Interview by: Shayne Dukevitch
Right now cast and crew are hard at work on the demanding task of bringing Bryony Lavery’s hard-hitting drama Frozen to life. The play is set to premier on December 3rd and run through the 12th of the month. It is a superb play about violent crime, emotional paralysis and the power and scope of forgiveness. Recently Shayne Dukevitch had the chance to ask Director Stephanie Sandberg and principle cast members Kitty Carpenter, Ralph Lister and Rebecca Monterusso some questions about the process of bringing this challenging work to life.
Shayne: What is it about this play that drew you to want to be a part of it?
Director Stephanie Sandberg: I first read the play last year when Kyle mentioned to me that they were looking for a director and I was so disturbed by it that I felt I had to at least figure it out. It’s a sort of thriller/puzzler of a play where the little bits and pieces of the scattered story come together in a kind of beautiful interplay of character and language. It is, by and large, a character driven piece which means that it is also driven by the actors and I LOVE this kind of drama where each creative artist has a ton of dramatic meat to sink into and find the gems that make the whole thing run.
In addition, I became fascinated with the fact that it’s a piece about restorative justice and forgiveness. There is a ton of work going on in the world right now on this topic of forgiveness where we need to learn to have grace toward one another even in the most difficult of situations. People in places like Darfur and Iraq are dealing with this currently and there are some profound results. If you look at the work in South Africa with the Peace and Reconciliation Commission, it’s the same deal. We MUST MUST learn to forgive one another if we are going to move forward to create a more understanding and peaceful world. This does not mean that its easy, it’s not. It’s tremendously difficult and yet we must try.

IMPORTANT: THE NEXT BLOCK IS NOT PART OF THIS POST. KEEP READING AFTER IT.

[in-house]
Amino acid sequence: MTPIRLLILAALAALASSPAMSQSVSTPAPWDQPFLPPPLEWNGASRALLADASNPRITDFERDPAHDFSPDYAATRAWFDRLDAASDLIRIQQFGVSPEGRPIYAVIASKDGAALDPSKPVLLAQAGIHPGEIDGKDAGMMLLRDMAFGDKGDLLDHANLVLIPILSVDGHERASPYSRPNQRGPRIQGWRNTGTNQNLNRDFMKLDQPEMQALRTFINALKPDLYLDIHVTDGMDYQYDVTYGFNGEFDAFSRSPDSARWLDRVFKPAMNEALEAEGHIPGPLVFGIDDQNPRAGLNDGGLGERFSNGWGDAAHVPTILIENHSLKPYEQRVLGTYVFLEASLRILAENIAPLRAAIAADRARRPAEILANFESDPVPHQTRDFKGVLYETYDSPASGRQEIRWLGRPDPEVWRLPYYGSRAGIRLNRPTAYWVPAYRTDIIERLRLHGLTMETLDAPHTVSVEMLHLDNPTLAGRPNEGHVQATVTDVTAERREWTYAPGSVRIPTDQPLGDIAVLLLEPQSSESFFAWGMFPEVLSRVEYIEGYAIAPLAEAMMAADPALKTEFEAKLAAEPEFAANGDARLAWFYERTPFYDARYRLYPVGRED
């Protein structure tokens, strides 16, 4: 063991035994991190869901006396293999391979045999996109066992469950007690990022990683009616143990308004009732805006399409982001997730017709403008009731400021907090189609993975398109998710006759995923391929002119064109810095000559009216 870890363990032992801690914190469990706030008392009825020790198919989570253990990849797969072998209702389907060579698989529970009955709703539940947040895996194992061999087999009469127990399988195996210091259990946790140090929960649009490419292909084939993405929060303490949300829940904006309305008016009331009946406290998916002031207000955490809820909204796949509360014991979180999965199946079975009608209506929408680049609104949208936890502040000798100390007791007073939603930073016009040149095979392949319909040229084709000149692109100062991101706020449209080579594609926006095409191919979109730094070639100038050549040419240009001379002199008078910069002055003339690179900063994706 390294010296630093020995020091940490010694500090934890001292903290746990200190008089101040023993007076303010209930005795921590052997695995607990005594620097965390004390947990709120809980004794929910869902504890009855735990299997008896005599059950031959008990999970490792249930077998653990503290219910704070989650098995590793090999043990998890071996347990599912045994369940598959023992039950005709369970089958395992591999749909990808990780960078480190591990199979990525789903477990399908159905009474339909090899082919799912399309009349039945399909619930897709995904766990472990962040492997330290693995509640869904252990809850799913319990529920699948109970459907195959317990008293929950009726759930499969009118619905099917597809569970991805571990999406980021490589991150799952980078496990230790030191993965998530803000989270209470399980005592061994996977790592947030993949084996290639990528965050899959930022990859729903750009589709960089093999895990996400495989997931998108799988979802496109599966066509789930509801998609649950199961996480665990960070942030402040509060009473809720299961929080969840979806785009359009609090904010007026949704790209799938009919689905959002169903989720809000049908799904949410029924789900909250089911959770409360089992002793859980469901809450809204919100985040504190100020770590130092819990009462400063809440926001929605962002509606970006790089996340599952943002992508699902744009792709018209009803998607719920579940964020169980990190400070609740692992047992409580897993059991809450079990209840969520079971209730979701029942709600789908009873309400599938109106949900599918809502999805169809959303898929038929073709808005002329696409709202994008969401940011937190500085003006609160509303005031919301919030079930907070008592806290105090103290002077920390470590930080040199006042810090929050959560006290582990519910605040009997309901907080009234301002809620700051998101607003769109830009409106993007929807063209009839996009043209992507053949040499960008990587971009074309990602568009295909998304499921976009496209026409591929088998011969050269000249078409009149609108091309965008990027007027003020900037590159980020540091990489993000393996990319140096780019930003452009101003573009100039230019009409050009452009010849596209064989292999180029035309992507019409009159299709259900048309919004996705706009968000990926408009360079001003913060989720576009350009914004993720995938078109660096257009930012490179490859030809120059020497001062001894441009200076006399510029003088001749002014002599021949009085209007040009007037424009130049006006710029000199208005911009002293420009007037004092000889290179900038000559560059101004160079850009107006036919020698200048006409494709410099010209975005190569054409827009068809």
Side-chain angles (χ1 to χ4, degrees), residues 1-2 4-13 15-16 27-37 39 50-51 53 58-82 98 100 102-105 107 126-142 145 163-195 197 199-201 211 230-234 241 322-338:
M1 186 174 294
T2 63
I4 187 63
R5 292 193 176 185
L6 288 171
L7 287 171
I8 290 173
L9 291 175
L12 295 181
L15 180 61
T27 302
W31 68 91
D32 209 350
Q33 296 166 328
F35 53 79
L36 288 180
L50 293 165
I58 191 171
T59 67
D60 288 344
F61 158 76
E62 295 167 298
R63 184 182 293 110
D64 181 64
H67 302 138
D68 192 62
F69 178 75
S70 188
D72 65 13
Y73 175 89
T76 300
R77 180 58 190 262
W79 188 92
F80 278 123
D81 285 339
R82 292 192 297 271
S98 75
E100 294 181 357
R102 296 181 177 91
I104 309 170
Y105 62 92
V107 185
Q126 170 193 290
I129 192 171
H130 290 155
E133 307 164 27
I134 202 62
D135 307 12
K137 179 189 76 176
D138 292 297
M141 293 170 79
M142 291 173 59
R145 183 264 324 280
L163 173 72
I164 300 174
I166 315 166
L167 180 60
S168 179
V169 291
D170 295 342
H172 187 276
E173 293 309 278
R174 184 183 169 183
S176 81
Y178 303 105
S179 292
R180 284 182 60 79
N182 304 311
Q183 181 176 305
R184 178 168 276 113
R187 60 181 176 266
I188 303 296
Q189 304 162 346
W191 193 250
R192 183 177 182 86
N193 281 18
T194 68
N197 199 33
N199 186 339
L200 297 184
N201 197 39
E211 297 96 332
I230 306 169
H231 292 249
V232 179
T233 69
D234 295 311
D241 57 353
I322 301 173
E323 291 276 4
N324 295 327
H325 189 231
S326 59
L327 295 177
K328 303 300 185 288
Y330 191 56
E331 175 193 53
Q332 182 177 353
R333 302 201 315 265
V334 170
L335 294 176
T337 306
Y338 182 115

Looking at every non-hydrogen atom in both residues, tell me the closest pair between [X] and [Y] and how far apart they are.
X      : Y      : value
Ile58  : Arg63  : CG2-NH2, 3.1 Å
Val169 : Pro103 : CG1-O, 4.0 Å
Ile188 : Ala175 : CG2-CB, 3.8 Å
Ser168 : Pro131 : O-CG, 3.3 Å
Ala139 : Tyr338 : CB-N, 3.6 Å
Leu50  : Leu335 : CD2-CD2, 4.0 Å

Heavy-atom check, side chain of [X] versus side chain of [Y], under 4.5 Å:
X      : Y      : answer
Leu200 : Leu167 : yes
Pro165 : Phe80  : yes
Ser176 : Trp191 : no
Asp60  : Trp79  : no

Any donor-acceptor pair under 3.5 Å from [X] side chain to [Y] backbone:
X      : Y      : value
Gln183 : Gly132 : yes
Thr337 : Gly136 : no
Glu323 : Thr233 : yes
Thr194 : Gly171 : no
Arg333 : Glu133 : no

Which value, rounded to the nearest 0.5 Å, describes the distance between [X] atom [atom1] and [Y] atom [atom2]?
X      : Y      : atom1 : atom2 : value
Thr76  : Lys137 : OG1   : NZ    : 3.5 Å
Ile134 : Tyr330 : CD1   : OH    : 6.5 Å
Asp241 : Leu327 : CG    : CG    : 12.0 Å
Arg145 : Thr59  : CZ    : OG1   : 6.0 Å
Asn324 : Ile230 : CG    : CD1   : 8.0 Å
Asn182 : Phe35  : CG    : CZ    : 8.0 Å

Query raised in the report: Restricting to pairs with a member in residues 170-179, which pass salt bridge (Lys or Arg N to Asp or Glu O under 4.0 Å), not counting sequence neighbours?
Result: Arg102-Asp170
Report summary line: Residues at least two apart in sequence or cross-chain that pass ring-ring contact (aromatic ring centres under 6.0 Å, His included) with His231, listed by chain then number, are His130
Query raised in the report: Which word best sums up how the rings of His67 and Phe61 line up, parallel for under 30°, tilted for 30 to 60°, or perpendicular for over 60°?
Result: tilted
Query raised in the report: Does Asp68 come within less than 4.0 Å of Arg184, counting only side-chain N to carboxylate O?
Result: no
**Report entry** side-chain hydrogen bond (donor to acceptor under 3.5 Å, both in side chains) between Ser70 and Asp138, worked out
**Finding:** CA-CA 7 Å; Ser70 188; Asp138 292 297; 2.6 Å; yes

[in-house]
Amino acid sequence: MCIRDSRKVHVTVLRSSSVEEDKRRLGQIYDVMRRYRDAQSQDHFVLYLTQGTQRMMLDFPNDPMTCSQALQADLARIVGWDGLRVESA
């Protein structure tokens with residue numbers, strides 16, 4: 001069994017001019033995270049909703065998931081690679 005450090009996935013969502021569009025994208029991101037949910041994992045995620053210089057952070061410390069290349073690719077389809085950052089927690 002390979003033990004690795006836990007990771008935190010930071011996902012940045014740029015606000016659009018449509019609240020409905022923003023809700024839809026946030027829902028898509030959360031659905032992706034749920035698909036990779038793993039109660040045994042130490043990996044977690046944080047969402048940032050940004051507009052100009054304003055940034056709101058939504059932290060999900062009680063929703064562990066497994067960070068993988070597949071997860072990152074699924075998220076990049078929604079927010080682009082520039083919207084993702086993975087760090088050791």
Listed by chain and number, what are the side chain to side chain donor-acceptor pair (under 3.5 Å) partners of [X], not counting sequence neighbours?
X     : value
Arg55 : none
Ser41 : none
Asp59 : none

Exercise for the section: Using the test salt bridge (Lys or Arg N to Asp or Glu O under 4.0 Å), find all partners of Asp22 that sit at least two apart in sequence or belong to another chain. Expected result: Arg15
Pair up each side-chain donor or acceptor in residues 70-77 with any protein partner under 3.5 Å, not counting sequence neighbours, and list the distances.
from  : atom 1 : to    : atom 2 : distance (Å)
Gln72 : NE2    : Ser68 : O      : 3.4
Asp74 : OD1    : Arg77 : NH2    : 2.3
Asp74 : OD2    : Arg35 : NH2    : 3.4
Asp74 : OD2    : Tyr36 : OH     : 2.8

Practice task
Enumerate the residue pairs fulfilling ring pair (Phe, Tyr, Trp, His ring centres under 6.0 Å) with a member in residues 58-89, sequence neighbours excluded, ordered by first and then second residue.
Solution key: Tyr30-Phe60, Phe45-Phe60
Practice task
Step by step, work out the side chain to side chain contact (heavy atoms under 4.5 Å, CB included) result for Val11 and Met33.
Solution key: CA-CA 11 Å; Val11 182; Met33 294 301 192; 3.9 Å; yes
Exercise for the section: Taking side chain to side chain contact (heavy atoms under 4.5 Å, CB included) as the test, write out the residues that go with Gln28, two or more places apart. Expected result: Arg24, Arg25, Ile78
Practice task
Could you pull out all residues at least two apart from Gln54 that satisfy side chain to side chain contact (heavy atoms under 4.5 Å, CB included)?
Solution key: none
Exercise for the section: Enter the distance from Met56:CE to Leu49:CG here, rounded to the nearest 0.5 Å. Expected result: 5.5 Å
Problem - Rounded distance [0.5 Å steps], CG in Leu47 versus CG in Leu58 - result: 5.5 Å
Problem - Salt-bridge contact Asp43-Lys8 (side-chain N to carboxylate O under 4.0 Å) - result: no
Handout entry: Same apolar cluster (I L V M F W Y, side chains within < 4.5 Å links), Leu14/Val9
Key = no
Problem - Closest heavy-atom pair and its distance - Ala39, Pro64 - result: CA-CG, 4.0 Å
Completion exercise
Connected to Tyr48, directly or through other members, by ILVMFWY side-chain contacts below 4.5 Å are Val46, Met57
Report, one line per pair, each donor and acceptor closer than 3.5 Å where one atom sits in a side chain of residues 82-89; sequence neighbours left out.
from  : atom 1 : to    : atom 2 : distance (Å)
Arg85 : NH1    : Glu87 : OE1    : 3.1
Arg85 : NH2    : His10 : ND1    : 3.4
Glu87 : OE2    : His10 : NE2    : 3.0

Rebecca Monterusso (Agnetha): I got a call from Stephanie about auditioning. I knew nothing about the play, but once I read it, I was hooked. I love that the script is written in verse (being a big Shakespeare nerd myself). You can see where the playwright wants you to pause, to rush, etc.
I also love that the story deals with a seriously disturbing issue and gives the audience three different viewpoints to look into. And my character is trying to get the audience to sympathize with a serial killer – now there’s a challenge.
Kitty Carpenter (Nancy): Well, I had to think about it a lot. This is a hard play to live with for two months, but I love the arc of Nancy’s character; she starts out on a typical day with the family, goes to the depths of pain, despair and anger, travels to forgiveness and then moves on with her life. The deep sorrow on the loss of a child will never go away, but she has learned to live with it, rebuild her life and move on. It takes a special kind of courage to do that.
Ralph Lister (Ralph): The role of Ralph Wantage was likely to be as challenging as any I had faced in what is now almost a 40-year-long love affair with the stage. To play anyone as complex requires an ability to both wholly immerse oneself in his psyche (his acts and emotional responses are entirely natural to him, and take place without remorse or self-blame) and simultaneously to maintain an arms-length distance to preserve one’s own personal sanity. There are frequently times when I have to shake off the moments of his emotional crises as revealed in the play, but, largely, he is so thoroughly a psychopath that it is a relatively straightforward task to return to being the regular undamaged, un-traumatized human which I thankfully remain.